This tea is calming. It smells and tastes partially aged, I feel a dry cellar in liquor. This tea was probably kept all of its lifetime in dry controlled climate – it feels lively and energetic. The Yi Wu taste is clearly present, plumy and fruity, sweet with long lasting aftertaste. The color of the liquor turned orange.

1997 Xi Zhi Hao Yi Wu tea leaves

I’m able to squeeze more than 12 infusions from this lovely tea. While I stop and 8th-10th infusion on most of pu-erh because of the radical unpleasant change in taste, this one goes further with honor.

Leaves are bold and big. The beeng is stone molded, so it’s easy to loosen it without damaging the leaves. These beengs were made by now legendary tea factory San Ho Tang as “study” and they showed the way for equally good 2005 and maybe 2006 vintages. Top choice beeng, I wish I have more of them.

18 August 2008

1998 Menghai 8582

Summer is coming to its end and autumn knocks on our doors. Last Saturday I was on a concert of Jaromir Nohavica – while the concert on castle Červený Kameň was hilarious the stormy night proved really cold.

Actually, the castle on this photo is Smolenice, about 20 kilometres north of Červený Kameň.

As the summer ends I’m more and more time at home and so I drink more and more tea. Fortunately, I got some parcels with really good teas, so I’m able to try and learn more and more teas.

Today’s tea is from Guang, ten years old classical 8582 recipe by Menghai Tea Factory. The price of these beengs was quite adequate, so they sold out fast, in day or so. The leaves I used today were broken from my two beengs during they journey to Slovakia, so they are quite broken down. The color of the leaves is dark and there are lots of stems.

1998 Menghai 8582

The beeng was originally dry stored, yet I decided to wash it twice – mostly to wash out the smallest leaves and the tea dust. This tea definitely isn’t young, yet it still cannot be considered fully aged. The liquor is dark orange with spicy smell, the taste is semi aged, and round and smooth with similar spiciness I found in 2003 Henry Company 7542 beeng.

It’s an OK tea, yet I will let it rest for another 5 or more years – it could improve with age.

21 July 2008

2004 Yan Ching Hao Yi Wu Cha Wang

It’s a late summer night. Monday, day after the weekend. I should go to sleep, but I cannot. So I’m just sitting, drinking tea and listening to Bonobo. The windows are wide open, the chill of night slowly drives the fiery sun out of the room.

2004 Yan Ching Hao Yi Wu Special Reserve Cha Wang

On table steam arose from the cup of tea. It’s my favorite – four years old Yi Wu pu-erh, one that just left the ferocity of youth, one that started to ascend the devious road to maturity. Born from mountains of Yi Wu under skilled hands of tea crafters.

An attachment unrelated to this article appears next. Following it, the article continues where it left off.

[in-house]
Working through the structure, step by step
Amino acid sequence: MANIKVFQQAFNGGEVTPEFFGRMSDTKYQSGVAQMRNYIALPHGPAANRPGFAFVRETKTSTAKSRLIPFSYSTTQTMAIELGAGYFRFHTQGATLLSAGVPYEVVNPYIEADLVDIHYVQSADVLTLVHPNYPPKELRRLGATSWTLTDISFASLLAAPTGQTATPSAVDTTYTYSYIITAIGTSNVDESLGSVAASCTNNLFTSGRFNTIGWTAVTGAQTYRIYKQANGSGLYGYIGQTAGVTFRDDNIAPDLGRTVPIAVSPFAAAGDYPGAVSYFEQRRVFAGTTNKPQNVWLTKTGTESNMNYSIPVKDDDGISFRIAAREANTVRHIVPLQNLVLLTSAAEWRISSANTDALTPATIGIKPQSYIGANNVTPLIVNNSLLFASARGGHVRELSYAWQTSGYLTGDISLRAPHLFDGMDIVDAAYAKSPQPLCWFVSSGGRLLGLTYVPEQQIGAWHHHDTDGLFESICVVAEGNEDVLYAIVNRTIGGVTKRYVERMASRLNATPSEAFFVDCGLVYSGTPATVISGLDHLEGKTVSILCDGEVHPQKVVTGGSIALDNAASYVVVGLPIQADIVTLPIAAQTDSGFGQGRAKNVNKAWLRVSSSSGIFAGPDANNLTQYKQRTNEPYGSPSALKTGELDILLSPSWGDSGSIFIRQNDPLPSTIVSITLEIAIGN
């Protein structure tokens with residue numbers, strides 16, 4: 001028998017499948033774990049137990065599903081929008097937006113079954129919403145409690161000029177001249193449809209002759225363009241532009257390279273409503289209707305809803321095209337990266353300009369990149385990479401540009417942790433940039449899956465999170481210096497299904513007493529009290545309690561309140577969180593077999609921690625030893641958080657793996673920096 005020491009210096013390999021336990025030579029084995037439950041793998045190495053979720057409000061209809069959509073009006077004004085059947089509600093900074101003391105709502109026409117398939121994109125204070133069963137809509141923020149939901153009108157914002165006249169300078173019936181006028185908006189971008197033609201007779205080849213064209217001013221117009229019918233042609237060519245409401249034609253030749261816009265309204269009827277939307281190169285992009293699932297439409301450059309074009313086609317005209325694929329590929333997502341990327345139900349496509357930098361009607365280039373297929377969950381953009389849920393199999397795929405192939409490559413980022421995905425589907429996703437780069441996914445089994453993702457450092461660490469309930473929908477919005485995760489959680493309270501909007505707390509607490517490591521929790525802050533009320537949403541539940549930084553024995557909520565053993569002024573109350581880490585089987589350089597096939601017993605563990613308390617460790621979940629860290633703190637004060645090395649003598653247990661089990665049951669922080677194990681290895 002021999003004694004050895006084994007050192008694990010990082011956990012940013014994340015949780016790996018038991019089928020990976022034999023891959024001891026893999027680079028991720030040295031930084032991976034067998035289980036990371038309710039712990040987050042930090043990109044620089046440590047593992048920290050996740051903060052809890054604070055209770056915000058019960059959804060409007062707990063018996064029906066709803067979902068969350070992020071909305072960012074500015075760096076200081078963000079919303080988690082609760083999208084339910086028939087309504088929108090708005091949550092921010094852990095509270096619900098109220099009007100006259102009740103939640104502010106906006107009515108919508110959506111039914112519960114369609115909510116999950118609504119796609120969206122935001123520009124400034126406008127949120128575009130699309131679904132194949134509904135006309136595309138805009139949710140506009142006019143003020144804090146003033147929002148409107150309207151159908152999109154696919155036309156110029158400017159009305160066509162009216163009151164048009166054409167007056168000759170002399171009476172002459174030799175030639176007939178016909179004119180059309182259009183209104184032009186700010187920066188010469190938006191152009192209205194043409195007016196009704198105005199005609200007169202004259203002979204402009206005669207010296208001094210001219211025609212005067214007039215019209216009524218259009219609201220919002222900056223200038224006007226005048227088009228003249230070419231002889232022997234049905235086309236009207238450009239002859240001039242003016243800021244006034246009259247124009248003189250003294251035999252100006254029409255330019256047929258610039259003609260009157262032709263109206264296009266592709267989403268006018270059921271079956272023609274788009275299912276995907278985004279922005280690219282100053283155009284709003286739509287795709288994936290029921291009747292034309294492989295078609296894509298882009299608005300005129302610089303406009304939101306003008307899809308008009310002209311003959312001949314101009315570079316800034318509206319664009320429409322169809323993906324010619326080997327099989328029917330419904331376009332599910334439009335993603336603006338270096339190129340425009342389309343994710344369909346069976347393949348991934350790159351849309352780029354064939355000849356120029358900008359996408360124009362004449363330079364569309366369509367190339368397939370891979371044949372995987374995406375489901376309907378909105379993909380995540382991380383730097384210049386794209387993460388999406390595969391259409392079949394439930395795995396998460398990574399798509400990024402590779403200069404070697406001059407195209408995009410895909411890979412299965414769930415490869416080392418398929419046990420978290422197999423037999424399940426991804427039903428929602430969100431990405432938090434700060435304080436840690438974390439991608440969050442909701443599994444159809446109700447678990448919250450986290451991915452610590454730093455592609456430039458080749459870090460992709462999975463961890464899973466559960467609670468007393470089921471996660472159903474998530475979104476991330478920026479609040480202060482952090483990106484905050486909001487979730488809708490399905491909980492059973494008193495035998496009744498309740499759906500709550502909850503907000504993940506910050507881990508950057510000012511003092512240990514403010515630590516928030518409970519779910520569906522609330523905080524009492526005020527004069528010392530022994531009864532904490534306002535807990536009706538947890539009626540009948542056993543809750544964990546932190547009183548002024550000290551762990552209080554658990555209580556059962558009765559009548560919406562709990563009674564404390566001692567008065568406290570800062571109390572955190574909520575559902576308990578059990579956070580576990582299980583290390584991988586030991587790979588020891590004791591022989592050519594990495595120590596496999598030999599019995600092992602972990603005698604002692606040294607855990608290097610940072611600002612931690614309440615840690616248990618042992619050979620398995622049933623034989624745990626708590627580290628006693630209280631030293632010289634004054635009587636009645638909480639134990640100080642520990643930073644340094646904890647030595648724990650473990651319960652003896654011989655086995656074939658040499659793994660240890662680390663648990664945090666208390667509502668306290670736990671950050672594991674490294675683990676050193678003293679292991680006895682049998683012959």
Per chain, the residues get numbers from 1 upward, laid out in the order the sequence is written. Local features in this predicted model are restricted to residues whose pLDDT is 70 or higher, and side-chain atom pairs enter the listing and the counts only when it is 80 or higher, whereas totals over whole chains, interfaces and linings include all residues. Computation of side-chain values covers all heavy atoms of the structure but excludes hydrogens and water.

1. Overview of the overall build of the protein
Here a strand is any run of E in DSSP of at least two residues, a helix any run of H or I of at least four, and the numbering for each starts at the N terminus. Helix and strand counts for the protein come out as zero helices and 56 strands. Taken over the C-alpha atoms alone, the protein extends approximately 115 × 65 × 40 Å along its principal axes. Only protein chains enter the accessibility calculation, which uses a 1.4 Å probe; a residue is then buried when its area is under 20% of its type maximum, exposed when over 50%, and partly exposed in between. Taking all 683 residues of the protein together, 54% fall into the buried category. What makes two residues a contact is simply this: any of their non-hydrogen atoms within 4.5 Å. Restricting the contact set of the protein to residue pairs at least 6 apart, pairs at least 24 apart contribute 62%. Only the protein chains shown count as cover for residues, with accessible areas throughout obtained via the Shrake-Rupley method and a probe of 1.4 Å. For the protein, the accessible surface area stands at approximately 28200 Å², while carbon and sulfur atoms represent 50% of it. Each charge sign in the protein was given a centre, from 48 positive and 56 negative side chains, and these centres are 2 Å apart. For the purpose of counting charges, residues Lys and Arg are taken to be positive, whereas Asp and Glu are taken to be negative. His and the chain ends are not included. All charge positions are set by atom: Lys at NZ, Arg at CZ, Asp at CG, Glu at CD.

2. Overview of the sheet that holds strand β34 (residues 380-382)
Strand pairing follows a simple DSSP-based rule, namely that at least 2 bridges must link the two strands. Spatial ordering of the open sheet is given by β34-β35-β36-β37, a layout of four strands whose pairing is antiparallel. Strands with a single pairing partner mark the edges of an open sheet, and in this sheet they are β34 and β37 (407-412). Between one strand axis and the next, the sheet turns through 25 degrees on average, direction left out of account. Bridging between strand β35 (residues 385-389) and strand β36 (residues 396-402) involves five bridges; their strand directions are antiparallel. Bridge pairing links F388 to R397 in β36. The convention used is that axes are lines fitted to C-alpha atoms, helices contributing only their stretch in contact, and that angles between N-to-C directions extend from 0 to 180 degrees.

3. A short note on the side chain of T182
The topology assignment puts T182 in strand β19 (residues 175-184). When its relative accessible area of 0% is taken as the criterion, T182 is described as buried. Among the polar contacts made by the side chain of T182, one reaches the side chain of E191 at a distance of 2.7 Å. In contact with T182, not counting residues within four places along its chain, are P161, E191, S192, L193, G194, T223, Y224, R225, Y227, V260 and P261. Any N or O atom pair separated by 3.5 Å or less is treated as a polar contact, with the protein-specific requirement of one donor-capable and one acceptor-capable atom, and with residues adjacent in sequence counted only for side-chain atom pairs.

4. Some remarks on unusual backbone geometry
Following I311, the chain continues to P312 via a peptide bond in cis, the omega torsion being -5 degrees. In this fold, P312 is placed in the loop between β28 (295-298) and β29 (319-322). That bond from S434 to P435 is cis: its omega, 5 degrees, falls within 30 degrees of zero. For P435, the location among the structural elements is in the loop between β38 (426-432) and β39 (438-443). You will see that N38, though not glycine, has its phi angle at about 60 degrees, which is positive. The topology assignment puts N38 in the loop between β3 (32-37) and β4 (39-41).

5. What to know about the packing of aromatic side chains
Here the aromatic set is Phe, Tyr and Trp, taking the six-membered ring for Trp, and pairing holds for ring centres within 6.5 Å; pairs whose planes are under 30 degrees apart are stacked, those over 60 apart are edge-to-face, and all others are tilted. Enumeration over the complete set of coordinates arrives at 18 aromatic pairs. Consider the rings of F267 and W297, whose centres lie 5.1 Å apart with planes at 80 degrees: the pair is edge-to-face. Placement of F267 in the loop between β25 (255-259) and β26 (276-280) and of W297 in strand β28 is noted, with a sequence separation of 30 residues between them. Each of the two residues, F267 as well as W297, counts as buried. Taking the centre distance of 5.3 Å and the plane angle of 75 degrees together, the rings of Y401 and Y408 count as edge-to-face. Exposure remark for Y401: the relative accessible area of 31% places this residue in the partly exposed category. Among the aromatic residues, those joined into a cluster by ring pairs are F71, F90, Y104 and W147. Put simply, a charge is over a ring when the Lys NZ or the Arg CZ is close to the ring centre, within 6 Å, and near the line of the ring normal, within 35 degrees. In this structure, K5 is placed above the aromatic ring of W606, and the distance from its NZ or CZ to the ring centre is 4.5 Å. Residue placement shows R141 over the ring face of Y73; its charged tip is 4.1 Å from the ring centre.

I know that this tea is hand made – just today I found a long black hair in it. I quickly disposed it, before my girlfriend starts to ask hard-to-answer questions.

This is one of the first beengs I bought from Guang long, long ago in January of 2007. That is past long gone, the ancient time before the pu-erh bubble exploded. And this is the first whole beeng I drunk and shared, except of last small chunk.

The seventh infusion does not loose it’s strength nor taste. The rafined sweetness of Yi Wu shows promises of what it would become if I hadn’t drunk it. If I could just wait another fifteen years. But it’s hard to resist.

2004 Yan Ching Hao Yi Wu Special Reserve Cha Wang

Last chips of formerly half kilogram beeng are observing me from wrapper. It’s a farewell to a good friend, farewell that leaves memories of beautiful times.

19 July 2008

2007 Xi Zhi Hao Pu Zheng Yuan Cha

This is second of the two limited production autumnal pu-erhs of Xi Zhi Hao tea factory, sold by Hou De. I liked the first one, the Da Xue Shan, although the character of that tea was very unusual. Very green and floral with sweet flowery taste.

2007 Autumn Xi Zhi Hao Pu Zheng Yuan Cha

The Pu Zheng beeng is similar to Da Xue Shan – beautiful, compact but not over molded, nice piece of craftsmanship. The leaves are easy to loose; I used ones from the jar filled a week ago. The leaves are big, bold and whole.

The tea brews yellow, thick and fragrant liquor. First few cups taste a bit smoky, but the smokiness disappears in later infusions. The tea is strong but not untamed, the crystal clear liquor calmed my head and slowed the time running by. An enjoyable pu-erh, though a bit pricey.

2007 Autumn Xi Zhi Hao Pu Zheng Yuan Cha

The leaves are huge – I found lots of them long nearly 10 centimeters. I took the picture with biggest Slovak coin (slightly more than 2 cm in diameter).

This tea was also drunk by Hobbes.

13 July 2008

2002 CNNP Special Order 8582

It’s quite rare to see more than two or three years old beengs on sale. And if there are some at least partially aged beengs, they are either quite expensive or faked or both. One of the sources selling excellent pu-erh for, unfortunately, excellent prices is Hou De Asian Art. This is where I got this beeng, too.

2002 CNNP Special Order 8582